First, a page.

Over the past 6 months since the launch of Storytime Lane and 'Betty the Yeti's Disappointing Day', I have had the opportunity to do so many new things that, as a natural introvert (surprising, I know) have made me want to hyperventilate and go hide in a corner. From the launch day itself with it's massive crowd and NBN News interview (ARRGGHHHH), to our radio interview on ABC 1223 (ARGGGHHH again), to storytelling sessions at Harry Hartogs Green Hills and the Starlight Express Room (a little less Arrrggggh), and presenting at the Newcastle Writers Festival Family Fun Day (where I could have thrown up with nerves....or cried... or both because that was quite ARRRGHHH). It has certainly been a wild ride. Today, I got to step outside my comfort zone once again, this time in the official role of "Author" presenting at a school to hundreds of children (okay, I may have exaggerated slightly there were perhaps 200 children across 2 sessions, but even so 200 children is technically "hundreds").
In the lead up to the visit, I spent hours crafting the finest Powerpoint Presentation I could, complete with images, funny sayings, and even a very poor drawing of Betty the Yeti by me (in an attempt to demonstrate why some authors are just authors and not illustrators as well). I practised the performance over and over in my bedroom (and possibly made my housemates question my sanity...again...or even more... one or the other), until I had a solid handle on it. And then the big day arrived... DA DA DAAAAAAAAAA!
The teacher/librarian, Mrs Adams, was incredibly welcoming and kind, and help me to prepare for the morning's sessions. I go to use the amazing SMARTboard in the beautiful library (and there was even a clicker, which I was stoked about because it made me feel like a real presenter and super important and official... sad, I know).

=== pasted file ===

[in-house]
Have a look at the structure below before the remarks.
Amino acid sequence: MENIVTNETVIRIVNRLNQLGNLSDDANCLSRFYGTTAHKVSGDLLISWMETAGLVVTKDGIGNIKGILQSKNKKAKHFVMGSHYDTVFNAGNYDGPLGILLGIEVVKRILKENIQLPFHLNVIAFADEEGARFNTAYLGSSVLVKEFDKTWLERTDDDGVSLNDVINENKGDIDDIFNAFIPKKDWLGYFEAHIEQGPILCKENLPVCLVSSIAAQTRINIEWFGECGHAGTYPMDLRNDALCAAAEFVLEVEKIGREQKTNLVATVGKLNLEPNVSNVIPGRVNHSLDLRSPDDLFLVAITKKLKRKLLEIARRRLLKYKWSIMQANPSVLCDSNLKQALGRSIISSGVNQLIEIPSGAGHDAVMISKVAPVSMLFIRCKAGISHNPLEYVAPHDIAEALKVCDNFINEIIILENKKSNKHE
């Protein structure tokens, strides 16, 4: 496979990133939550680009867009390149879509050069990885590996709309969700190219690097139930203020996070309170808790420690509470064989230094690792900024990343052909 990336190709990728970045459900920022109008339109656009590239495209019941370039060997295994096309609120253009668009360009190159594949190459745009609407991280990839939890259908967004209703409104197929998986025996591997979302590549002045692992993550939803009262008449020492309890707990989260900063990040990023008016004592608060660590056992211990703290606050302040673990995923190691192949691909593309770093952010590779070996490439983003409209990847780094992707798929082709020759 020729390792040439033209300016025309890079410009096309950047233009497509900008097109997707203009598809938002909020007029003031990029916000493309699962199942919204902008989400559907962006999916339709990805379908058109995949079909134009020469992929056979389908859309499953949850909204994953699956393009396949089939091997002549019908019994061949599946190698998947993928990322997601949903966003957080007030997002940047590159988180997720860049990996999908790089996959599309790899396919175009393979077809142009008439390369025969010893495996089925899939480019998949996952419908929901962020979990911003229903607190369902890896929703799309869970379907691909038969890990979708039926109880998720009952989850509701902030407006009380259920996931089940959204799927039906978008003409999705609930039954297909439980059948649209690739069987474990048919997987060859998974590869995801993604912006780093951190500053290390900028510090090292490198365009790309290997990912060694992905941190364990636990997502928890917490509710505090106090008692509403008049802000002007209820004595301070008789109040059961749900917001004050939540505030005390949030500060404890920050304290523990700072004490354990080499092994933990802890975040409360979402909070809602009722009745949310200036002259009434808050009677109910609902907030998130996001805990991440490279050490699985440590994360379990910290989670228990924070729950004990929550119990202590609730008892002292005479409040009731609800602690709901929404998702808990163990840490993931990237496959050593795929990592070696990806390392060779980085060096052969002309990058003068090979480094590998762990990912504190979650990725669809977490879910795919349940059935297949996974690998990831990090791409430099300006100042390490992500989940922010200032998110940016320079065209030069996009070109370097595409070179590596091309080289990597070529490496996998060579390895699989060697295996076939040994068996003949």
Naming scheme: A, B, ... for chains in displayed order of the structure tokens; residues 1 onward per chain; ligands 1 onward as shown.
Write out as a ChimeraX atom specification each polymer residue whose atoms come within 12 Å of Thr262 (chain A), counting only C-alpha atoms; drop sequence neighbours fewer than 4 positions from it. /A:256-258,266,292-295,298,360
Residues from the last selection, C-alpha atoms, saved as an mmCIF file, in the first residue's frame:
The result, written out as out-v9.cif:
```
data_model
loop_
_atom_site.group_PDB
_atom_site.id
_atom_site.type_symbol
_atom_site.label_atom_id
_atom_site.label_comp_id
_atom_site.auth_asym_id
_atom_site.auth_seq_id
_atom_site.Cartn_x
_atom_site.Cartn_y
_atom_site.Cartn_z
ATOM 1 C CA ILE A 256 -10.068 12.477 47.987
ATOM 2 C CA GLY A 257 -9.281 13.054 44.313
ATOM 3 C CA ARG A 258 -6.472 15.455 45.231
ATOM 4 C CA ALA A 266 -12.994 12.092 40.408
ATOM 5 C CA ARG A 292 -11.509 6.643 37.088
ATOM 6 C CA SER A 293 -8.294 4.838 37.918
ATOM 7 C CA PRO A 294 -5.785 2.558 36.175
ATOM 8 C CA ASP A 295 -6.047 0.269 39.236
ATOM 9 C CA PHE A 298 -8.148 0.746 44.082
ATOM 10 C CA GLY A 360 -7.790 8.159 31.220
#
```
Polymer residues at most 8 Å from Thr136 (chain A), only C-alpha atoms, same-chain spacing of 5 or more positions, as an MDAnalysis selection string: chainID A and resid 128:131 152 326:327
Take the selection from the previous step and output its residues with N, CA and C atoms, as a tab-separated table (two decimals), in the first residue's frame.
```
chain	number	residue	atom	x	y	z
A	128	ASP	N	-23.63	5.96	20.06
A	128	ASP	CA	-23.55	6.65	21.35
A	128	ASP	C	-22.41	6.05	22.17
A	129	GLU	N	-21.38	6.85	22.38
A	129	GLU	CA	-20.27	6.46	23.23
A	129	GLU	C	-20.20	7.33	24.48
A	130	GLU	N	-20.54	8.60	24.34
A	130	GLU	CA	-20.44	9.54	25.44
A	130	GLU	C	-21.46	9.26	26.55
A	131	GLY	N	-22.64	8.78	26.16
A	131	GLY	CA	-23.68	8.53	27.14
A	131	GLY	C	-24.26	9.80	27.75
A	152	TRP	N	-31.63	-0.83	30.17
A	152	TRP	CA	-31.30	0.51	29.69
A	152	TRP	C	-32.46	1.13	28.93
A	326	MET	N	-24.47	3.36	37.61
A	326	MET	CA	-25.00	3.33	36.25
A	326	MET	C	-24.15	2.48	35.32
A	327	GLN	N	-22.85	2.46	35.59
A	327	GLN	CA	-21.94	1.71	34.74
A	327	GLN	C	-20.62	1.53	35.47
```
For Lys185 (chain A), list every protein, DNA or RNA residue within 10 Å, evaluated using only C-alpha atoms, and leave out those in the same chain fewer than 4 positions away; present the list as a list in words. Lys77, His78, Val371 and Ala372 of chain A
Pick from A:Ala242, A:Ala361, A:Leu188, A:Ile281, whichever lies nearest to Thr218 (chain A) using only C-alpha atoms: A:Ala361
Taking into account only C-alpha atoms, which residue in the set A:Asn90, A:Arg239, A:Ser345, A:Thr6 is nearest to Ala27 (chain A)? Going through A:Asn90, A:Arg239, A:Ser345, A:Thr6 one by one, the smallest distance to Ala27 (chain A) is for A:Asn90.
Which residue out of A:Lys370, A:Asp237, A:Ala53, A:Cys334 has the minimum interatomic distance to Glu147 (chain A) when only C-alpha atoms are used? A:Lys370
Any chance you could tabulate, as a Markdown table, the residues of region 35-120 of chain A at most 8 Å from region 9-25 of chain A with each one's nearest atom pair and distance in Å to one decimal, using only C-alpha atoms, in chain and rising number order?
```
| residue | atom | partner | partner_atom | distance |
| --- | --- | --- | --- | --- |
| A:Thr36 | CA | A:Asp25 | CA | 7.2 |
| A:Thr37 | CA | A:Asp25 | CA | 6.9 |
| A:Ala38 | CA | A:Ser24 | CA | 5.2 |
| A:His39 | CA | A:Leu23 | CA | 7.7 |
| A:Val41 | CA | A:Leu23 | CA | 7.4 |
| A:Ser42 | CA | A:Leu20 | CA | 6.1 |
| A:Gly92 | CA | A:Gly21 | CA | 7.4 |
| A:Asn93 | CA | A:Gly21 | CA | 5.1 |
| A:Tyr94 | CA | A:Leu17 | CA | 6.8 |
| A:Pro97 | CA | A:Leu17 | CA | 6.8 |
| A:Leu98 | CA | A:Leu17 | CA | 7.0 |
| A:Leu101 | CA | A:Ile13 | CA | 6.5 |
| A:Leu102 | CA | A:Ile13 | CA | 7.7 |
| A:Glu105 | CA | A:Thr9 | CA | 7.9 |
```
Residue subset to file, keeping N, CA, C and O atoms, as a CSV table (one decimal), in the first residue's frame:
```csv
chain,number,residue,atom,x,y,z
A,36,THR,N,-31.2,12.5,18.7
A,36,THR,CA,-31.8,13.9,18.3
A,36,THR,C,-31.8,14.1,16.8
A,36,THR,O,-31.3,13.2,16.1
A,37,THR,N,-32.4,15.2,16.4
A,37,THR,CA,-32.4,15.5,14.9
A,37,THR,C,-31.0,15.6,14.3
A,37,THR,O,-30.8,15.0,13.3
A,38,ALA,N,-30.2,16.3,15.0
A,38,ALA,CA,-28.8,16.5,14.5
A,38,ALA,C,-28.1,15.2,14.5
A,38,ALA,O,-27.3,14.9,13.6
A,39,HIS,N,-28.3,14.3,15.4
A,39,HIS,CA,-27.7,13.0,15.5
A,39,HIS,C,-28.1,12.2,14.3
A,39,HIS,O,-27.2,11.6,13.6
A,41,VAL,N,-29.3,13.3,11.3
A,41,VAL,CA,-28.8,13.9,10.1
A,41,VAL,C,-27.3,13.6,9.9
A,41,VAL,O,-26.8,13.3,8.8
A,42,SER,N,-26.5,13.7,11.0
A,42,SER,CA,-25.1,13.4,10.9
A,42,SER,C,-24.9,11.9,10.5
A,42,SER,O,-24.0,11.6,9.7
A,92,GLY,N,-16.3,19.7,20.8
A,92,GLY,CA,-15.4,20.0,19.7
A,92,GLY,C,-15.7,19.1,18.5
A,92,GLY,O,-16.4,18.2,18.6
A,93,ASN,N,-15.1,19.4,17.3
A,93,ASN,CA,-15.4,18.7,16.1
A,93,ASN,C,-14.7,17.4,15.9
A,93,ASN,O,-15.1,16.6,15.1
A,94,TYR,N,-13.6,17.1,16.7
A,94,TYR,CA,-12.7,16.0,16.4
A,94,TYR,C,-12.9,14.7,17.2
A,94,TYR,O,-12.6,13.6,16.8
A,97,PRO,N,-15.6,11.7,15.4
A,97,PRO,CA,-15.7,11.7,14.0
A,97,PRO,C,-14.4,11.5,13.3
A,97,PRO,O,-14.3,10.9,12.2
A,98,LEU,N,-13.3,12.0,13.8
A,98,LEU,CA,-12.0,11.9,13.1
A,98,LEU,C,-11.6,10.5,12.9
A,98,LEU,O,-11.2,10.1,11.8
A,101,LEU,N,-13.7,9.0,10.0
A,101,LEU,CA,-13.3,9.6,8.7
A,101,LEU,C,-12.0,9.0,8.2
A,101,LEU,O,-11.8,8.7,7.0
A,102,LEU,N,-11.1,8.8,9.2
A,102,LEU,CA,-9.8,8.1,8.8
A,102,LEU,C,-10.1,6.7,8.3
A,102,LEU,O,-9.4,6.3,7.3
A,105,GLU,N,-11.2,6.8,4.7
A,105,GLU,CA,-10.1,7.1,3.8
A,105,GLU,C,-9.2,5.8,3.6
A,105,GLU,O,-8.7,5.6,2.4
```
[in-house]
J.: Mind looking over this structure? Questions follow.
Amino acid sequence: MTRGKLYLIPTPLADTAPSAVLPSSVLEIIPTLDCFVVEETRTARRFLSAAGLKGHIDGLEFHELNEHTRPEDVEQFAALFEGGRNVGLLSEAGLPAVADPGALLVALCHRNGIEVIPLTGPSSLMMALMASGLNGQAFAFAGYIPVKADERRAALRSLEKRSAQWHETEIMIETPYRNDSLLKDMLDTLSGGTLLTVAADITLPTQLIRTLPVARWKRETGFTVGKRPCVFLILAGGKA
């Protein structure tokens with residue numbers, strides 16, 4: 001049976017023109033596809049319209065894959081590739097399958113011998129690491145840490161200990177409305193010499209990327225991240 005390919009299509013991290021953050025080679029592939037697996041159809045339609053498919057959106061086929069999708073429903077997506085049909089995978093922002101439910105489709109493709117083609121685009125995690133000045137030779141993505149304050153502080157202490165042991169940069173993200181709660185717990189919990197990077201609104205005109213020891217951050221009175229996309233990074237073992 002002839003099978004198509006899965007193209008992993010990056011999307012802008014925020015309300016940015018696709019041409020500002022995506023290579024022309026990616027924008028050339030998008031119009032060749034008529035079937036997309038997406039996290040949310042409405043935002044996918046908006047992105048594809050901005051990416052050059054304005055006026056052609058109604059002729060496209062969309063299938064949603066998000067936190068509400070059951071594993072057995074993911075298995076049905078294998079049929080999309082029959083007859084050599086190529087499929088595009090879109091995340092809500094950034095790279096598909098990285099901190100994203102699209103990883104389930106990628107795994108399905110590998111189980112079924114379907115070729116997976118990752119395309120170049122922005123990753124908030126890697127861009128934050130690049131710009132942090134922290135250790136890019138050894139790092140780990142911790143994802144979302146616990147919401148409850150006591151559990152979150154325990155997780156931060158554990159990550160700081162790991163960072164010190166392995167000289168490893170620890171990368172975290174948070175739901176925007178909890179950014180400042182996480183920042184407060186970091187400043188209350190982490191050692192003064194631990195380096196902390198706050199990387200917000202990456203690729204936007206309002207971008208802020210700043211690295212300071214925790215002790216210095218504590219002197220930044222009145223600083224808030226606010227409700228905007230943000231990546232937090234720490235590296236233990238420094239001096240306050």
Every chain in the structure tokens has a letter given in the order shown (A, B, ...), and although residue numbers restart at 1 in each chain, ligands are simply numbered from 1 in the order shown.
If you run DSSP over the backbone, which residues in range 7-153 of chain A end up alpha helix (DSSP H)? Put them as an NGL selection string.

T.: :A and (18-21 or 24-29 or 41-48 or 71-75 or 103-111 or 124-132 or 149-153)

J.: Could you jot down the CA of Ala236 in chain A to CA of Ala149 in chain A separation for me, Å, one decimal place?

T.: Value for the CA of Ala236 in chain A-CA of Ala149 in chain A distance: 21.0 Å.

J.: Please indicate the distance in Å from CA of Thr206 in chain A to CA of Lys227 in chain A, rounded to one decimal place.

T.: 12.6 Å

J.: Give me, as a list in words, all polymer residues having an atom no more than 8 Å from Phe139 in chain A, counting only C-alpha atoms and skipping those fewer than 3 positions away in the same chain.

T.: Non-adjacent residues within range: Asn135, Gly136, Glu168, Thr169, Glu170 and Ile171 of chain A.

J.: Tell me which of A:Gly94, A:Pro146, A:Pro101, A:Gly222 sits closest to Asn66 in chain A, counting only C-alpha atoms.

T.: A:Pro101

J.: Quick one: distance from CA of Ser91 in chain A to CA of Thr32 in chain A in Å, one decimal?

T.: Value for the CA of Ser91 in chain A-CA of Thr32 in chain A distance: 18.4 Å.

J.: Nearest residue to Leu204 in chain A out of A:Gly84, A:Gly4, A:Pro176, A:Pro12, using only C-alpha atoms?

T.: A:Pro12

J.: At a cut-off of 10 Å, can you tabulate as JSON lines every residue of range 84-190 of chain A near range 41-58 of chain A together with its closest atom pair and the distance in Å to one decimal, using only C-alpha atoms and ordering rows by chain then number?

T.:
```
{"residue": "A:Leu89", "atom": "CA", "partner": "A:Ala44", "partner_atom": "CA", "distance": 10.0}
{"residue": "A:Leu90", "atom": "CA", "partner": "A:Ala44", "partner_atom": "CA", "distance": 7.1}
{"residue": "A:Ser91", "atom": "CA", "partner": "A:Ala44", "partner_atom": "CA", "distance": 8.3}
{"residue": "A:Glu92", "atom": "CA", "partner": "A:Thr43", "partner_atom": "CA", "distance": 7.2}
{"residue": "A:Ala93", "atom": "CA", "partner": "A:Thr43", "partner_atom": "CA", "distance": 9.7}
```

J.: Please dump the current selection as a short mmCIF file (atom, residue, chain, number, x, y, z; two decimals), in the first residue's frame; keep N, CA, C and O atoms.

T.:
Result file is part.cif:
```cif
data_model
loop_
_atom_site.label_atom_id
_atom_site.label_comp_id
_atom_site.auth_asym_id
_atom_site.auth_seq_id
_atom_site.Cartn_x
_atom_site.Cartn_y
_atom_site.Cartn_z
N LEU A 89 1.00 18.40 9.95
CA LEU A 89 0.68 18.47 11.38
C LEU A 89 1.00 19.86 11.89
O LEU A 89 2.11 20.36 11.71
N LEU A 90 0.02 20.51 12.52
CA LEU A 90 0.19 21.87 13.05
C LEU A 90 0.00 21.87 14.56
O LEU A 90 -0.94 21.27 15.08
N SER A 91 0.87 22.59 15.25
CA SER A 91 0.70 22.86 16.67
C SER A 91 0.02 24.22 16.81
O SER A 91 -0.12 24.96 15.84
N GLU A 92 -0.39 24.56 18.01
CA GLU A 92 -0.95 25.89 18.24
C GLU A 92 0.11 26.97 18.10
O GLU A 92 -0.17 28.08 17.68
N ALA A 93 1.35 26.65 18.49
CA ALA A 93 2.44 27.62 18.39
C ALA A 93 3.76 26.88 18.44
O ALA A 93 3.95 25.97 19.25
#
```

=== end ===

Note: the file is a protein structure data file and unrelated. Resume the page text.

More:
As the classes filed in for the first session, I was relieved to see that hundreds of K-2 children (well, technically possibly around one hundred) really isn't that intimidating... because they are so small... especially when seated on the floor. And then I busted out my presentation, complete with overly animated facial expressions (think Jim Carey in "The Mask"), accents and character vocalisations, and me doing my best "Ricky Lake" imitation of going out in to the crowd to ask questions and using the clicker as a 'microphone'. Thankfully, the children loved it, and responded really positively. I think some were rather star-struck, given that they had been watching my storytelling videos online, and so I was obviously a real celebrity and worth being in awe of... at least that's what I'm telling myself.
The first session went swimmingly (as much as anything can when you're not actually swimming or near a large body of water), and so I was bolstered with confidence to nail the second session, which I obviously did (or so I am telling myself...again). The children were so engaged and enthusiastic, and keen to participate. Each session involved the children joining me in telling the stories, either by acting out the emotions or characters in the stories, or by providing sound effects. They did that SO well, and listened and followed my instructions to the letter, which for a group of a hundred K-2 children is pretty darn impressive (heck, I know some adults that would struggle with that).
And then it was time for me to leave. After signing some books and thanking my wonderful hosts, I packed up my stuff and headed home. Exhausted, but happy (I wonder if that's how the children felt as well? Probably not, given that children seem to have the energy of a thousand suns burning inside them and fuelling their days).
I'm really looking forward to getting out there amongst a whole load more schools and sharing my work in this way. What a joy and a privilege! Tahnk you Wyong Primary School and Mrs Adams for inviting me to your school and being so fantabulous!